"Villains!" I shrieked. "Dissemble no more! I admit the deed! Tear up the planks! Here, here! It is the beating of his hideous heart."
dgar Allan Poe The incessant pounding of a murdered old man's heart beats loudly in the guilty conscience of his mad killer in Edgar Allan Poe's chilling story, "The Tell-Tale Heart."
A theatrical presentation of the classic horror piece will be staged in the next few weeks in celebration of the 10th anniversary of the Poe House and Museum and to commemorate the 141st anniversary of the author's death.
Unraveling the last mystery about Edgar Allan Poe's Baltimore residence and revealing the gruesome circumstances surrounding the only known portrait of his wife, Virginia, are some of the other eerie happenings taking place during October, which has been designated "Edgar Allan Poe Month."
Sponsored by the city, this program of free lectures, dramatic readings and stage performances of Poe's works kicks off at 12:30 p.m. Sunday with the reading of The Governor's Proclamation in the Westminster Graveyard.
A special tribute follows at the Poe grave with bagpipers (in honor of the writer's Scottish heritage) playing funeral-type music. Local school children and representatives from Baltimore and from other states will bring floral tributes.
International and regional historians and scholars have opted to provide new evidence concerning Poe's "Mystery House" and offer proof of where the master of the short story's bones are really buried.
Dr. Tamaki Horie, assistant professor of English at Sonoda Women's College in Japan and published scholar on Poe and Oscar Wilde, is scheduled to speak on the great influence the literary genius has had on Japanese literature.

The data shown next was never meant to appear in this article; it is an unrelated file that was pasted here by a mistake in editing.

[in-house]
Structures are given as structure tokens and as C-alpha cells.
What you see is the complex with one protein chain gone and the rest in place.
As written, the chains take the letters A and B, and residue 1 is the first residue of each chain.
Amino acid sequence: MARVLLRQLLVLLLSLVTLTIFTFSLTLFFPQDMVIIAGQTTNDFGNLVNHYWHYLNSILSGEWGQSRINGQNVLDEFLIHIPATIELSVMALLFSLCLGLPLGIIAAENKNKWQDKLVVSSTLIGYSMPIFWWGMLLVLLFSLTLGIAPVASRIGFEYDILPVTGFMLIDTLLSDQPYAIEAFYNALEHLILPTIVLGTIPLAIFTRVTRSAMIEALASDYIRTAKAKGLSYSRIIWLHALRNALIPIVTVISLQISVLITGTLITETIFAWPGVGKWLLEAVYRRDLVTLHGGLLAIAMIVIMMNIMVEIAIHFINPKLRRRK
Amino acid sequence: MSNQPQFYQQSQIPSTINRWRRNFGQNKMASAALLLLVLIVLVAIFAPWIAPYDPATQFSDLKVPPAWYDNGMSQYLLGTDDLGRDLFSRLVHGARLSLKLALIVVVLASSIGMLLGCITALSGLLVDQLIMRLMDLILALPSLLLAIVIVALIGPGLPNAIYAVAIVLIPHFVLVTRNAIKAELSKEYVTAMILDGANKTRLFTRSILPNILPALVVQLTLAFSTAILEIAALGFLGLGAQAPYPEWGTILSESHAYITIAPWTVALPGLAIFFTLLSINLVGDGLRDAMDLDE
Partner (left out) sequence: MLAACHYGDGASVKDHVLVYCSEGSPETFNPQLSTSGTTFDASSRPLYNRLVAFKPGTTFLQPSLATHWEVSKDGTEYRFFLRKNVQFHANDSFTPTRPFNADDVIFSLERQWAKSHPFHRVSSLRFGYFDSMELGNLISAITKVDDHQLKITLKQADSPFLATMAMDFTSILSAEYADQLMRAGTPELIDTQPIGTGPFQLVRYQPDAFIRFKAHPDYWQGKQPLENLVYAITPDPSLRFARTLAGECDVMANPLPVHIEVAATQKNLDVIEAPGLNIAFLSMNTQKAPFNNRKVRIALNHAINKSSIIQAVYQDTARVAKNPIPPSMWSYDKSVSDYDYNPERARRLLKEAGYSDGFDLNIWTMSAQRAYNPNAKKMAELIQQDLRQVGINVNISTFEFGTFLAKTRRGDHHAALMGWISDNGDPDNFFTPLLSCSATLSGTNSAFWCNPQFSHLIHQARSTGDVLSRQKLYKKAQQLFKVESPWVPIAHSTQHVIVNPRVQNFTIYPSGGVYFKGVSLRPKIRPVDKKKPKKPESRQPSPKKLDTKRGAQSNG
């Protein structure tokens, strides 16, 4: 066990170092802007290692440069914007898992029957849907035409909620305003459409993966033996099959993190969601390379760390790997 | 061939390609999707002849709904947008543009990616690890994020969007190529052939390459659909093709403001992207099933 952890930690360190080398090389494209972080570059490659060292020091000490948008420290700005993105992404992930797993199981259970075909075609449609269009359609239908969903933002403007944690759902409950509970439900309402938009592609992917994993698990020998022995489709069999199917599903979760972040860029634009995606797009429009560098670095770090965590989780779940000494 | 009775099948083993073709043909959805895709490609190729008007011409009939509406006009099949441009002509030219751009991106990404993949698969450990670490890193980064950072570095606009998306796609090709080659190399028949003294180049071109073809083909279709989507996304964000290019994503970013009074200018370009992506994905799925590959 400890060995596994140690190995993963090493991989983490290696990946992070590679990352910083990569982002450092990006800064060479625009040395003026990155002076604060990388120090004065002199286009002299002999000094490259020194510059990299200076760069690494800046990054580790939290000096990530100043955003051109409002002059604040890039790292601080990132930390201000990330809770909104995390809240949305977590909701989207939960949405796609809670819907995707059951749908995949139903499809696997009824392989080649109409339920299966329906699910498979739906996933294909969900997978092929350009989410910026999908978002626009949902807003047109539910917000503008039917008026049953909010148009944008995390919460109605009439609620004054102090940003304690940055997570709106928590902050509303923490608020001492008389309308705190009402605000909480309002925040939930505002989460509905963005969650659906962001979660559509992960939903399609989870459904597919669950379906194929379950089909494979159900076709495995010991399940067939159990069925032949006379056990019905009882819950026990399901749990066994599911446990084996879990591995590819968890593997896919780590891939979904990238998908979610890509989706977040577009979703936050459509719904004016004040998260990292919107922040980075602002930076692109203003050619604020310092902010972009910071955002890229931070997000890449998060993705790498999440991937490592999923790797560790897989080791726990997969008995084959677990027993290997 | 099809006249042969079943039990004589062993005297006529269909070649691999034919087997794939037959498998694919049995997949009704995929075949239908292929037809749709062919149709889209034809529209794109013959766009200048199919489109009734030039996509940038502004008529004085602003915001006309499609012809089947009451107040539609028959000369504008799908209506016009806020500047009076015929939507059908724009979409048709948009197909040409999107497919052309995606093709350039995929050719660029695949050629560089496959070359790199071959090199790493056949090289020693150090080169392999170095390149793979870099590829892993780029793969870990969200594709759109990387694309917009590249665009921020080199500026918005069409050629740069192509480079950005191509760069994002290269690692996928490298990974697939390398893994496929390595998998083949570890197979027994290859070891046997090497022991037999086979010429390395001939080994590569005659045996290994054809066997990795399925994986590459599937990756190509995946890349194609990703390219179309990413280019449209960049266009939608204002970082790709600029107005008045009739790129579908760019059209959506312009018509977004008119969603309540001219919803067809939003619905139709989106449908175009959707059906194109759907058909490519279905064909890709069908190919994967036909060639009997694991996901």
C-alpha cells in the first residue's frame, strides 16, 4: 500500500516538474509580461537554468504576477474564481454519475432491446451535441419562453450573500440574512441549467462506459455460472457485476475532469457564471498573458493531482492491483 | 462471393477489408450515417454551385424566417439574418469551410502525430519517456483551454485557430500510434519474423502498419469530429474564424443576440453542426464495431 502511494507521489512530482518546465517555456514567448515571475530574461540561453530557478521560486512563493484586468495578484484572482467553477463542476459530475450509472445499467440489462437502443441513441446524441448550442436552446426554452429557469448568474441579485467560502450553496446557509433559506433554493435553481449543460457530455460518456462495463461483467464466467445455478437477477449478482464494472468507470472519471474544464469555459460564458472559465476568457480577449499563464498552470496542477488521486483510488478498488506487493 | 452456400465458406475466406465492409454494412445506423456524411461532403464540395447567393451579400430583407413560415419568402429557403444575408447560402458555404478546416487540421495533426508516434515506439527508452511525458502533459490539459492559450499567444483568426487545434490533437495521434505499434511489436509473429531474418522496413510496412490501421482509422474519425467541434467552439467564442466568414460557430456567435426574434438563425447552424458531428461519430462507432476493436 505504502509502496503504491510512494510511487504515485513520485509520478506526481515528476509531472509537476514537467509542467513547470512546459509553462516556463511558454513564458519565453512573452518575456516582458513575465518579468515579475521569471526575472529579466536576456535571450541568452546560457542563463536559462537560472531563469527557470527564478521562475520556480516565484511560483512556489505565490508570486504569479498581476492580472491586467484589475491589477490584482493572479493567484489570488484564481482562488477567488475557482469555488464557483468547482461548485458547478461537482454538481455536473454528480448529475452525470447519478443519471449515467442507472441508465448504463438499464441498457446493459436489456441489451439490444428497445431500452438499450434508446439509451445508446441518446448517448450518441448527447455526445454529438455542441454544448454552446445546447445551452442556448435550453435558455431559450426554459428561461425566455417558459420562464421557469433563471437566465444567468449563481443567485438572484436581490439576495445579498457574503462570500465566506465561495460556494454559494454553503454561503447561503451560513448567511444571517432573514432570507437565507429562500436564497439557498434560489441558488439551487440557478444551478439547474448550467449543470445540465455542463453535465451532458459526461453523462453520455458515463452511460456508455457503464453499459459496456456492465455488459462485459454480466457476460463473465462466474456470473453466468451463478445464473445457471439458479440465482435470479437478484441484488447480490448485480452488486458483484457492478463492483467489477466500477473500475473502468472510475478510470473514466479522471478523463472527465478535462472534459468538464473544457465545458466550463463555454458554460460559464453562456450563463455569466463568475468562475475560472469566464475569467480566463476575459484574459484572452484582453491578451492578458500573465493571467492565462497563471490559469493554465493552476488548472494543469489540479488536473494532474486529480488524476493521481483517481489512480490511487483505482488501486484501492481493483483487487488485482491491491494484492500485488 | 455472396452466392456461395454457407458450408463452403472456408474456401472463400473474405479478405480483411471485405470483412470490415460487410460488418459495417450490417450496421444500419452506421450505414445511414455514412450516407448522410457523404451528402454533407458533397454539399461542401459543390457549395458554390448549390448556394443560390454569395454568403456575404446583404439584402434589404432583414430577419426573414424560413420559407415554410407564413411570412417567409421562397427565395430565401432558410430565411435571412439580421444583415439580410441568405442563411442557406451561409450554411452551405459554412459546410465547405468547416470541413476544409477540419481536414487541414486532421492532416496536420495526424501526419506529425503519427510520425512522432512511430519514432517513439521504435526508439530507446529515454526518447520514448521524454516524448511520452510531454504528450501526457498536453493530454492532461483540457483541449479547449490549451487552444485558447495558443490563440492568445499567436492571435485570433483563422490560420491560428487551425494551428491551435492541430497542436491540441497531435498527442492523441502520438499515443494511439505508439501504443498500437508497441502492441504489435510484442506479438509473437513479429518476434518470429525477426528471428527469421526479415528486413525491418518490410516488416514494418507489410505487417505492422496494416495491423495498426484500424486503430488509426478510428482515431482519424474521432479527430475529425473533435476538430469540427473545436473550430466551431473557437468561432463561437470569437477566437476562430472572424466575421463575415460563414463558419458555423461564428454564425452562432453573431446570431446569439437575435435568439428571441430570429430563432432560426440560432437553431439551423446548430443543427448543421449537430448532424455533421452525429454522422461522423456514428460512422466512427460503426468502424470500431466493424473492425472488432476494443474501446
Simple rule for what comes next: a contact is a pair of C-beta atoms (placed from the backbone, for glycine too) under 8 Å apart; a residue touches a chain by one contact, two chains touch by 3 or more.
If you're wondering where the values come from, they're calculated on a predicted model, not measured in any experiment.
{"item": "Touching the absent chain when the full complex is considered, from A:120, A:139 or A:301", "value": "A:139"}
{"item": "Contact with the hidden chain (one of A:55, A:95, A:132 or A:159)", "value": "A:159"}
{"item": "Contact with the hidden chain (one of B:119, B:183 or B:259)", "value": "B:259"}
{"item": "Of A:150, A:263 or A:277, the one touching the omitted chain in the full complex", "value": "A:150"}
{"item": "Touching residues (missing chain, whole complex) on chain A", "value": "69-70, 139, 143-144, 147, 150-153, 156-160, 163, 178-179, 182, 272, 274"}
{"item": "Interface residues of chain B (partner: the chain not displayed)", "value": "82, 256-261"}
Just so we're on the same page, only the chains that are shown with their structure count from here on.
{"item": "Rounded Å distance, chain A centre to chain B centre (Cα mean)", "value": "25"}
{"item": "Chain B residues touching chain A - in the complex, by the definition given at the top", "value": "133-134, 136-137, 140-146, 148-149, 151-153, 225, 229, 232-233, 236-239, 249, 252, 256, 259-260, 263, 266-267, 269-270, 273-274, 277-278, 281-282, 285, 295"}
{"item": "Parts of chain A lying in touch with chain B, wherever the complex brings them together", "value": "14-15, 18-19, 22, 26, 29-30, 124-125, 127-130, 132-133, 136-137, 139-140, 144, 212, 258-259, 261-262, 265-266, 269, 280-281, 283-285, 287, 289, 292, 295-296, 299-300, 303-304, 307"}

A published volume, "The Portraits and Daguerreotypes of Edgar Allan Poe," by book illustrator Michael Deas (available for purchase at $20), contains likenesses of Poe as a young man to his death in 1849.
"At his lecture Mr. Deas will talk about what was occurring in Poe's life according to each daguerreotype," says Jeff Jerome, curator of the Edgar Allan Poe House and Museum since its inception in 1980.
"The book also contains a portrait of Virginia," Jerome says. "It was painted just after she died, so it is the picture of a corpse. A local family has the original painting," he adds.
"The changes in the daguerreotypes of Poe are intriguing," he says. "His facial features changed dramatically in a few years. As a young man he sported long sideburns and no mustache, but no one seems to want to accept this image."
Baltimore where Poe lived (and died in 1849) with members of his family -- Mrs. Clemm, her daughter, Virginia, and son, Henry -- was the locale for the early fiction. There he wrote such stories as "The Manuscript Found in a Bottle" (for which he won a $50 prize from the publishers of the Baltimore Saturday Visitor), "Mystification" and "Lionizing."
"Poe was experimenting with different themes," Jerome says. "Although these were not the masterpieces of the later years, they were important in drawing attention to his rich style and fertile imagination."
The enactment of "The Tell-Tale Heart," a first-person short story staged at the Poe House and Museum annually by different actors, will this year be performed by professional actor Don Mullins, who will also render dramatic readings of the poems "The Raven," "Annabel Lee" and "Alone."
Edgar Allan Poe Month culminates in a tour of the Westminster Hall catacombs and cemetery on Halloween night under the jurisdiction of the University of Maryland Law School.